No Place To Go

No Place To Go

Camp eviction galvanizes groups


Service providers and volunteers have mustered to help scores of campers on undeveloped land in south Fayetteville get housed in the next few weeks.

On Aug. 13, they and other residents also called on Northwest Arkansas to do more to prevent homelessness by acknowledging the problem and the people experiencing it, then taking tangible steps to help, such as by building more housing and letting the people most in need become tenants.

“It takes a village, so to speak,” said Mac Childs, a Fayetteville landscaper who spoke at a public forum on the issue at Genesis Church on Martin Luther King Jr. Boulevard. He called homelessness a moral crime committed by a society that could also fix it. “We just have to take the resources to do it.”

The Northwest Arkansas Continuum of Care, a coalition of homeless assistance groups, held the forum and also kicked off a weeklong resource fair Aug. 13 at Genesis to give people experiencing homelessness a one-stop shop for social services. The Continuum convened the resource fair after University of Arkansas police gave campers on university land off of 19th Street until Sept. 6 to clear out because of violence and recent deaths around there. Service providers have said around 100 people could be living in the camp, with perhaps several times more than that in the surrounding area.

The deadline is an emergency that has also given a chance to turn the tide against homelessness, said Angela Belford, board chairwoman for the Continuum.

“I’ve been mindboggled and near tears all day,” she said, because of the support and action from Continuum members and other groups after the deadline was announced.

The fair itself is something new, but the response goes beyond that. The Salvation Army in Fayetteville has opened 100 beds in its usual temporary cold-weather shelter area for the next six months and won’t limit clients to a certain number of days there, as has been its practice for its regular overnight shelter. 7 Hills will start allowing half a dozen cars to park in its lot overnight for those who must sleep in their vehicles.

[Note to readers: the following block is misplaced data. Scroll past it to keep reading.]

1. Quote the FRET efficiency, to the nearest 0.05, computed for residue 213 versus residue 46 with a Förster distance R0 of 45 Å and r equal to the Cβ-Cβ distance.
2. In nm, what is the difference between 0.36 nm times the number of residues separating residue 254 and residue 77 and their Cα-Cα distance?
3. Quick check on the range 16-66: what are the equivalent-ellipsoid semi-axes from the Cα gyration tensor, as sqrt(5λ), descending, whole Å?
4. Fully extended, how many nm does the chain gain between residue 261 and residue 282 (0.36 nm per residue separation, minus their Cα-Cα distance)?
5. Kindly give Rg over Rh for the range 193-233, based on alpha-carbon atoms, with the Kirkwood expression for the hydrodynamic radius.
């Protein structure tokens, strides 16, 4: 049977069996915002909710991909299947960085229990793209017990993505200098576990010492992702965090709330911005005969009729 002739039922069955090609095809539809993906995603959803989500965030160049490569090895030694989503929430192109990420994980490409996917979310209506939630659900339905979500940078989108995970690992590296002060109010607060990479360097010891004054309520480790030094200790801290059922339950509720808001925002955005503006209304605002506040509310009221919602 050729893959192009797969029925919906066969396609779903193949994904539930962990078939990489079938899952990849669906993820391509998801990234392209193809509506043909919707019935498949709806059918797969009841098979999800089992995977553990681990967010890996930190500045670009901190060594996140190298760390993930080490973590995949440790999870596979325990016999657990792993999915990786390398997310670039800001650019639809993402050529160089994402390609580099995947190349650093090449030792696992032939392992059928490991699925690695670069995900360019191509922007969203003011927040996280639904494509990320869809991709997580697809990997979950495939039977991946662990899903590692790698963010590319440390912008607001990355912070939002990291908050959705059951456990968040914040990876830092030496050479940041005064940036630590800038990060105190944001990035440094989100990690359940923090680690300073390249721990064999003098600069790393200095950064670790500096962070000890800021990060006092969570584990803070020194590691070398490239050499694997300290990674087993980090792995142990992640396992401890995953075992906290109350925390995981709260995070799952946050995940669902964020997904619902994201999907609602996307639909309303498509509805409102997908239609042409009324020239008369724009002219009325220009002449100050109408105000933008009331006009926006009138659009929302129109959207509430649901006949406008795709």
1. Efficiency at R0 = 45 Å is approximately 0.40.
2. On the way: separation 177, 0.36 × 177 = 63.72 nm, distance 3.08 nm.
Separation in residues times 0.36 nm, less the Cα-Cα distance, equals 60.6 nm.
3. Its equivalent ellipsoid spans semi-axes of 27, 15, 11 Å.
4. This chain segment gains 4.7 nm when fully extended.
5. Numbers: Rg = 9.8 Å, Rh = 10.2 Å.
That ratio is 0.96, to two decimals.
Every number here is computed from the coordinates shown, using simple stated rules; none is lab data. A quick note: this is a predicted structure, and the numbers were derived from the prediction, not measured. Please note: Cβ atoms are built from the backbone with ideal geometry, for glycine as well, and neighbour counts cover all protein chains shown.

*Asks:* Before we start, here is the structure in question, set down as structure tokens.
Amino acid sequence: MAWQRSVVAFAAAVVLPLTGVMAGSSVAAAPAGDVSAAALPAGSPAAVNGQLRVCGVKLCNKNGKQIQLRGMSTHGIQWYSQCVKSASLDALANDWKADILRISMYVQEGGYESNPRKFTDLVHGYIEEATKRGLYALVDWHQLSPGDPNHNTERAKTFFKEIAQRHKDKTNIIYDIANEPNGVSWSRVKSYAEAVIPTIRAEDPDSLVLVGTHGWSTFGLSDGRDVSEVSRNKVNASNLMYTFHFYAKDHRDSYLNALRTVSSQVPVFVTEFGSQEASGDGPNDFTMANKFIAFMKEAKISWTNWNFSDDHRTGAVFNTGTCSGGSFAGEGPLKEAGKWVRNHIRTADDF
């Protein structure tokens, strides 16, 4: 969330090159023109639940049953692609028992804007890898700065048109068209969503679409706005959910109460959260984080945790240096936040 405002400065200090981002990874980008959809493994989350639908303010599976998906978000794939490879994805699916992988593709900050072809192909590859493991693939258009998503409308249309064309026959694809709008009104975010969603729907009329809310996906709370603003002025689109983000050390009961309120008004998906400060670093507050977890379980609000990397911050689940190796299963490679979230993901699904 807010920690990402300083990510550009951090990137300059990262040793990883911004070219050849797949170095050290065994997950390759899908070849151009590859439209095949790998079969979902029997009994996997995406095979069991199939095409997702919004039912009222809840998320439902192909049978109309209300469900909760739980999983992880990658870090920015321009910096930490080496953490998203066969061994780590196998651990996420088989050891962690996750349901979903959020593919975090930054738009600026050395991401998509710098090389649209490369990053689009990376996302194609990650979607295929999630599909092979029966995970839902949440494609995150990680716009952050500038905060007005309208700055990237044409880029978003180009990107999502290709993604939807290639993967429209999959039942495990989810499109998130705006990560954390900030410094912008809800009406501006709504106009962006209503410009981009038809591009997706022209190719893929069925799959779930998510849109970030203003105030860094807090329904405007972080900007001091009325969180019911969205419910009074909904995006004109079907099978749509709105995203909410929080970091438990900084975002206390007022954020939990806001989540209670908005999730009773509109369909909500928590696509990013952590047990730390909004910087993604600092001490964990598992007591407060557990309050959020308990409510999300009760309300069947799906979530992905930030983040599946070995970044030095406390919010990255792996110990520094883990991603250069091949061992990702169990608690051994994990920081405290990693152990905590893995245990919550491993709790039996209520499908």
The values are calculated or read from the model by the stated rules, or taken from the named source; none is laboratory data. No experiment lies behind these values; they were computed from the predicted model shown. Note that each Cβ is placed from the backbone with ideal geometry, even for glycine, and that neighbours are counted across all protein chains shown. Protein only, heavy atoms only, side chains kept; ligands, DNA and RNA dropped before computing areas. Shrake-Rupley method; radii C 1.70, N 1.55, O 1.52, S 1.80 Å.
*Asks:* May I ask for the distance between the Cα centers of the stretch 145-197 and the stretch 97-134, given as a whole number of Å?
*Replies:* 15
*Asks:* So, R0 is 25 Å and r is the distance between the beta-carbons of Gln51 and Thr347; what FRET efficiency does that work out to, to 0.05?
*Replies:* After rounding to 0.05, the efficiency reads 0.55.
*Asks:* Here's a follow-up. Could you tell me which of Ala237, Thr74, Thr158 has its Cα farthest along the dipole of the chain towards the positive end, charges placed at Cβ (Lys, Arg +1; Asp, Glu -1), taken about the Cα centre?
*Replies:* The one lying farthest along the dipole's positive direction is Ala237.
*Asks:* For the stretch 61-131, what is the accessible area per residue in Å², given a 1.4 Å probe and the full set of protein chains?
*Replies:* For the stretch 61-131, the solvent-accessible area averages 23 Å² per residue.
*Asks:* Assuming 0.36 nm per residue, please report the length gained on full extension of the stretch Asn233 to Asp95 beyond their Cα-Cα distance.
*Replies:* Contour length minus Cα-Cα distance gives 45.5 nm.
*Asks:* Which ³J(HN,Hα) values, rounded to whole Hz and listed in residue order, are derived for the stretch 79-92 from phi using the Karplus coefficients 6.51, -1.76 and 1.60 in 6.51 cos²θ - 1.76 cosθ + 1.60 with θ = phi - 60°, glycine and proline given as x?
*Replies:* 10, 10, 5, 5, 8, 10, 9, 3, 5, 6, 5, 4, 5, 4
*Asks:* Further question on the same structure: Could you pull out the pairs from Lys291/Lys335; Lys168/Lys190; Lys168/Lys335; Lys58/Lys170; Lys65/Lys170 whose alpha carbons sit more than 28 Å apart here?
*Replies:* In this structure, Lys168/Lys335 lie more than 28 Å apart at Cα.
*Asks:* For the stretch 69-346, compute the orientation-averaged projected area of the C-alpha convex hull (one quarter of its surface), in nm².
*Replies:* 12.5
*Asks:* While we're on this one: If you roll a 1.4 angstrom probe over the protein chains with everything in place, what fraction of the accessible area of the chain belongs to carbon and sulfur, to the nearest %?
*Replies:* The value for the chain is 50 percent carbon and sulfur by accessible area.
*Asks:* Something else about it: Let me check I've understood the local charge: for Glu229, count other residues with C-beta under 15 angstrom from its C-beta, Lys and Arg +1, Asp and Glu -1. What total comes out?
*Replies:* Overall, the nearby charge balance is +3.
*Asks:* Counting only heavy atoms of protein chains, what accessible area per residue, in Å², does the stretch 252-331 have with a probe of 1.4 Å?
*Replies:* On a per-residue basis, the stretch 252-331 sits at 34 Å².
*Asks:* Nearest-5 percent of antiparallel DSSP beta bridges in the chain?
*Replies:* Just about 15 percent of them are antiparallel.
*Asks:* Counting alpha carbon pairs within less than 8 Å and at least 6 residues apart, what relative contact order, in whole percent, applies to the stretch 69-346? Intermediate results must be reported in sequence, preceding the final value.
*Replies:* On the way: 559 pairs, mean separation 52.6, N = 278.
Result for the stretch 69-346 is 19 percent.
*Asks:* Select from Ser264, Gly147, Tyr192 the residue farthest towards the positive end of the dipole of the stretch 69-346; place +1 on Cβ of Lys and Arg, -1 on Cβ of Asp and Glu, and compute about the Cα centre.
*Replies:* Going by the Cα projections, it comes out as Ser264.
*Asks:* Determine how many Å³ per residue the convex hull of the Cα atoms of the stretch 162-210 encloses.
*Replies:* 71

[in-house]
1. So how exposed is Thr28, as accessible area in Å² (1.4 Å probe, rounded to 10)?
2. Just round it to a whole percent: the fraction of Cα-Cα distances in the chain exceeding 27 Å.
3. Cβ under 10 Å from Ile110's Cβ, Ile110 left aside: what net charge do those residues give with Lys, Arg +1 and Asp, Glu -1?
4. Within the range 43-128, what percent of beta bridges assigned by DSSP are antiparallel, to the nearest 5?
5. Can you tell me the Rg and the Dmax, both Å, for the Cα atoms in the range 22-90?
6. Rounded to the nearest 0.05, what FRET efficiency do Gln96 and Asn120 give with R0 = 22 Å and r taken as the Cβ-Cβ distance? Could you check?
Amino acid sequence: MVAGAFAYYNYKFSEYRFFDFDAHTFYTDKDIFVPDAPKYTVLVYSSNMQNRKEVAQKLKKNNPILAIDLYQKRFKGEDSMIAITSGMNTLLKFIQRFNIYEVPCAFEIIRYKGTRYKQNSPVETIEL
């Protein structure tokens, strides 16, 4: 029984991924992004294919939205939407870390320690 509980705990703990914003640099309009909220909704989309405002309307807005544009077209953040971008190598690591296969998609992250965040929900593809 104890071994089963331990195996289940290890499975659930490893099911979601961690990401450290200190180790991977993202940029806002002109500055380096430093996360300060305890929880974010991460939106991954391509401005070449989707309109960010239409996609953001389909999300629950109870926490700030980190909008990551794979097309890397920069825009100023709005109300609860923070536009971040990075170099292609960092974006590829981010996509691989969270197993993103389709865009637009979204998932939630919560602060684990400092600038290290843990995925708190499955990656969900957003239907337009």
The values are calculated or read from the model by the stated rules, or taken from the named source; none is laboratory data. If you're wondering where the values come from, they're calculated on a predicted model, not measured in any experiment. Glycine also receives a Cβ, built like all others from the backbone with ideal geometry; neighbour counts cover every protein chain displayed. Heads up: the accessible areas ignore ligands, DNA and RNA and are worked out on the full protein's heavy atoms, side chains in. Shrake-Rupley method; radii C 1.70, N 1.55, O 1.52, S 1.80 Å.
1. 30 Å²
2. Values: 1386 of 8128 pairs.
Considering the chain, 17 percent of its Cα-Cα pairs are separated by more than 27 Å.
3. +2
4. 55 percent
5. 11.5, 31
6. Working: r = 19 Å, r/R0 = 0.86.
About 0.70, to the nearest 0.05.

The Health Department is providing free birth certificates after taking up a collection in its Little Rock office to cover the charges, and for those born in the state, it won’t require supporting documents to get the certificates if they can provide enough personal information. Documents can be hard to keep track of in turbulent lives but are often the keys to housing and assistance.

The fair came together with the 19th Street campers in mind, but anyone who walked in was welcome. Larry McCoy said he was sleeping under the Lafayette Street bridge and came to find housing of some kind. Xanadu Huddleston said she needed a birth certificate to get an Arkansas ID and also spoke to the city of Fayetteville booth for information about its pet food pantry.

The Continuum of Care for the past year or two has been compiling a by-name list of people experiencing homelessness throughout Northwest Arkansas that it uses to connect them with the organizations that can help meet their particular needs. Continuum Executive Director Steve Burt on Aug. 13 said the list includes many of the Fayetteville campers, which gave an idea for what services the resource fair should provide.

NWA Democrat-Gazette/DAVID GOTTSCHALK Edith Huddleston (from right) and Matthew Hansen watch Xanadu Huddleston fill out paperwork Monday, August 13, 2018, for Coleen Francis, clerical supervisor for the Northwest Arkansas Region of the Arkansas Department of Health, to obtain her birth certificate during the Housing Resource Fair at Genesis Church in Fayetteville. The weeklong fair is meant to help campers being evicted from a south Fayetteville camp find a place to stay and offer other services.